Fertility intentions among the working population of Dalian City born between 1980 and 1989

Journal of Biosocial Science:1-12 (forthcoming)


In October 2015, the Chinese Government announced that the one-child policy had finally been replaced by a universal two-child policy. China’s universal two-child policy is highly significant because, for the first time in 36 years, no one in an urban city is restricted to having just one child. This cross-sectional study was conducted to explore future fertility intentions and factors influencing individual reproductive behaviour in Dalian City. A total of 1370 respondents were interviewed. The respondents’ mean ideal number of children was only 1.73, and urban respondents’ sex preference was symmetrical. A total of 19.0% of the respondents were unmarried, 64.5% were married and had childbearing experience and only 6.3% of married respondents had two children. Among the 1370 participants, 30.4% stated that they would have a second child, while 69.6% refused to have a second child in the future. Binary logistic regression analysis showed that the following characteristics were associated with having only one child in the future: being female, being older, having a lower education level, being born in Dalian, having a lower family income and reporting one child as the ideal number of children. Model 2 showed that respondents who were female, had a lower family income and were unable to obtain additional financial support from parents were more likely to intend to stick at one child. In addition, respondents’ ideal number of children and childbearing experiences had a significant influence on future fertility intentions. These results suggest that fertility intentions and reproductive behaviours are still below those needed for replacement level fertility in Dalian City. China’s policymakers should pay more attention to these factors and try to increase individual reproductive behaviour.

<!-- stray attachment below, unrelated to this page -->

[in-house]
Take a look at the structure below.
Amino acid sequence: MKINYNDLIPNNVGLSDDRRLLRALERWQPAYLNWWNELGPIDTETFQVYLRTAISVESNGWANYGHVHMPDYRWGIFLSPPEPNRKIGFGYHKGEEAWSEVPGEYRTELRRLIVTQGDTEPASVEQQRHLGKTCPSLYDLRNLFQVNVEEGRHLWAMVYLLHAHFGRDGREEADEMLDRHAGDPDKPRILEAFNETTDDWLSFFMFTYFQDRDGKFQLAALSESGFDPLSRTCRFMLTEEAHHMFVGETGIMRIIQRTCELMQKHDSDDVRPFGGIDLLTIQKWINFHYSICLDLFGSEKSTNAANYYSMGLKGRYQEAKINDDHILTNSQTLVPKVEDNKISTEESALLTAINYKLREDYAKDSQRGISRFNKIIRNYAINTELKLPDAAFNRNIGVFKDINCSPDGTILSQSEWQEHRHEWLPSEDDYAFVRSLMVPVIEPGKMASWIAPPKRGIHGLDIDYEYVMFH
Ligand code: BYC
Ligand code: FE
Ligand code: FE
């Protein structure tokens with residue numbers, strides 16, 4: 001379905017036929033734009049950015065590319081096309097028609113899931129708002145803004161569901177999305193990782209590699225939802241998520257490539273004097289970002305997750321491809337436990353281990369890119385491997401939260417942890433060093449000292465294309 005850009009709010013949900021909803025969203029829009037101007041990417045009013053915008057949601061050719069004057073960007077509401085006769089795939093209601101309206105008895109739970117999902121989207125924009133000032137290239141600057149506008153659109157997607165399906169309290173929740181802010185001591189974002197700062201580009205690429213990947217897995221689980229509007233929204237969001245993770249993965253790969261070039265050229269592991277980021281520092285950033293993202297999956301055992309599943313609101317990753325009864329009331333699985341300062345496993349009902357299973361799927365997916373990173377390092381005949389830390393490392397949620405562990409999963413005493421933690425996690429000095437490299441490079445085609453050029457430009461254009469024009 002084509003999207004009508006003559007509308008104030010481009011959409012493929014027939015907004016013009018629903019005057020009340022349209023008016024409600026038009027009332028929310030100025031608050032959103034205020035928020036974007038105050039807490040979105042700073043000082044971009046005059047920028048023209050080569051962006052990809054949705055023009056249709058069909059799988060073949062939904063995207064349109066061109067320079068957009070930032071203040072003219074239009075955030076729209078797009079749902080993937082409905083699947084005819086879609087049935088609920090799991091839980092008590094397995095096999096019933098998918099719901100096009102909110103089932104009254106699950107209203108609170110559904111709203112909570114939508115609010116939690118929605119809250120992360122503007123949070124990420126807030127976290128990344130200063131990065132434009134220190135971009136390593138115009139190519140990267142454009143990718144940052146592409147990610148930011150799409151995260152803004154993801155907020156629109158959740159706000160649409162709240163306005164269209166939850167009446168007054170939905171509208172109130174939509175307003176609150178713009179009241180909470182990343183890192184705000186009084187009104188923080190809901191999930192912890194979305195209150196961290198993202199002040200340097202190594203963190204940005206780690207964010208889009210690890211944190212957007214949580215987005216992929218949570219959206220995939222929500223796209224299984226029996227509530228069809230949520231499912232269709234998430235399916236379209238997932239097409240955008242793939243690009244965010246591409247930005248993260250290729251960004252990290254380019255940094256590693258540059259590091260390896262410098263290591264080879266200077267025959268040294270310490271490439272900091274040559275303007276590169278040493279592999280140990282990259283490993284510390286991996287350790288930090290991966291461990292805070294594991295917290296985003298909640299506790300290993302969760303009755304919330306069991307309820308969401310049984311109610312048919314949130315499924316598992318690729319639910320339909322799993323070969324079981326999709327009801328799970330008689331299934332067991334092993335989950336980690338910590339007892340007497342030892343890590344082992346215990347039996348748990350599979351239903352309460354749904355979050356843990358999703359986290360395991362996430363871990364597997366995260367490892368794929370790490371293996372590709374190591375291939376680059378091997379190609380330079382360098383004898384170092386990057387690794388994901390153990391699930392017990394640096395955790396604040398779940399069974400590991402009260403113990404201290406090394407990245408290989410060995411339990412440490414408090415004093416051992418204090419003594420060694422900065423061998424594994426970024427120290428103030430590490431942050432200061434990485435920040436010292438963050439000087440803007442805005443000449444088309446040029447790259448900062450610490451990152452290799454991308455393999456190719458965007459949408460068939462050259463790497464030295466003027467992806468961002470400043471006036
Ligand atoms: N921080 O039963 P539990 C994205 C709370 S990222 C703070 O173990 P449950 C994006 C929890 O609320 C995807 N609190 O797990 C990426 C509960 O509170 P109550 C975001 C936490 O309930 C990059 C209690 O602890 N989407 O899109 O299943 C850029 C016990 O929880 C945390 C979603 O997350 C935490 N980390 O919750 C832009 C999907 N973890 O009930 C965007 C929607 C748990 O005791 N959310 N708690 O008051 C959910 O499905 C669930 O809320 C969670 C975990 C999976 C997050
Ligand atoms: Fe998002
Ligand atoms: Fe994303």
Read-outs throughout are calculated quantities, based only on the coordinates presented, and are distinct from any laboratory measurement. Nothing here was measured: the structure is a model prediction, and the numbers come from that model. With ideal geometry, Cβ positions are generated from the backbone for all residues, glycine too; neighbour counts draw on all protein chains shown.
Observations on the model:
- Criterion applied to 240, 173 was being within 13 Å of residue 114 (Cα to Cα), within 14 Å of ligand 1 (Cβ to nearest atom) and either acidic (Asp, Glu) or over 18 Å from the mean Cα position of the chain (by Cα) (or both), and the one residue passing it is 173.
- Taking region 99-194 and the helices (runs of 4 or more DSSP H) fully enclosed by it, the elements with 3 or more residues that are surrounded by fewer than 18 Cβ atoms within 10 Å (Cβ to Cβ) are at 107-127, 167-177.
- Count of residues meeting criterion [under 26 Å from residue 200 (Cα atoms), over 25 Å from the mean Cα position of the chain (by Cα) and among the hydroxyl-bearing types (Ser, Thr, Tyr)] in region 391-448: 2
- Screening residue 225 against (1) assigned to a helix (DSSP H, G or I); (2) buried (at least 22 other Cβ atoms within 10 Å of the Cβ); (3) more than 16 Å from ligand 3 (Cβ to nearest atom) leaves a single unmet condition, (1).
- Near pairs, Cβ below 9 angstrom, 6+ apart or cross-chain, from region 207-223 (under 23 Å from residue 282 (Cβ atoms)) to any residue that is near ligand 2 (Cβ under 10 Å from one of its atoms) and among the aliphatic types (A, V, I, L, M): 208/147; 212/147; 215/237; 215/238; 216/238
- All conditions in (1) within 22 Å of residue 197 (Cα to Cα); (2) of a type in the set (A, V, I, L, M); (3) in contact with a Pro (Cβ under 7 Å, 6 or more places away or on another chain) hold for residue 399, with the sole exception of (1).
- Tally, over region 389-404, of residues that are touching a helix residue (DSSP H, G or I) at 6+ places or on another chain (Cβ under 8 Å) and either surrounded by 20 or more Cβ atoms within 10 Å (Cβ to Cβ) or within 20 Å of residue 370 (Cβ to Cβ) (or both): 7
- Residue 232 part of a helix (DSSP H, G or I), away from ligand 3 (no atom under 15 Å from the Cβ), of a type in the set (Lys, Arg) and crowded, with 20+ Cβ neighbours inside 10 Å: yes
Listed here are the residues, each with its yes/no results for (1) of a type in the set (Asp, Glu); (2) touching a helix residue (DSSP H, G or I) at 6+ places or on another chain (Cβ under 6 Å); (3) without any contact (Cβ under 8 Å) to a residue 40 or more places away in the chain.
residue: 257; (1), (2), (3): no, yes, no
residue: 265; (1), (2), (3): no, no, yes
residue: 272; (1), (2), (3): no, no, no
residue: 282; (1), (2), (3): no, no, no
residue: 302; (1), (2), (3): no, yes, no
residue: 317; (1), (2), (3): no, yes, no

Download options


    Upload a copy of this work     Papers currently archived: 72,805

External links

Setup an account with your affiliations in order to access resources via your University's proxy server

Through your library


Added to PP

2 (#1,459,389)

6 months
1 (#386,499)

Historical graph of downloads

Sorry, there are not enough data points to plot this chart.
How can I increase my downloads?

References found in this work

Add more references

Citations of this work

No citations found.

Add more citations

Similar books and articles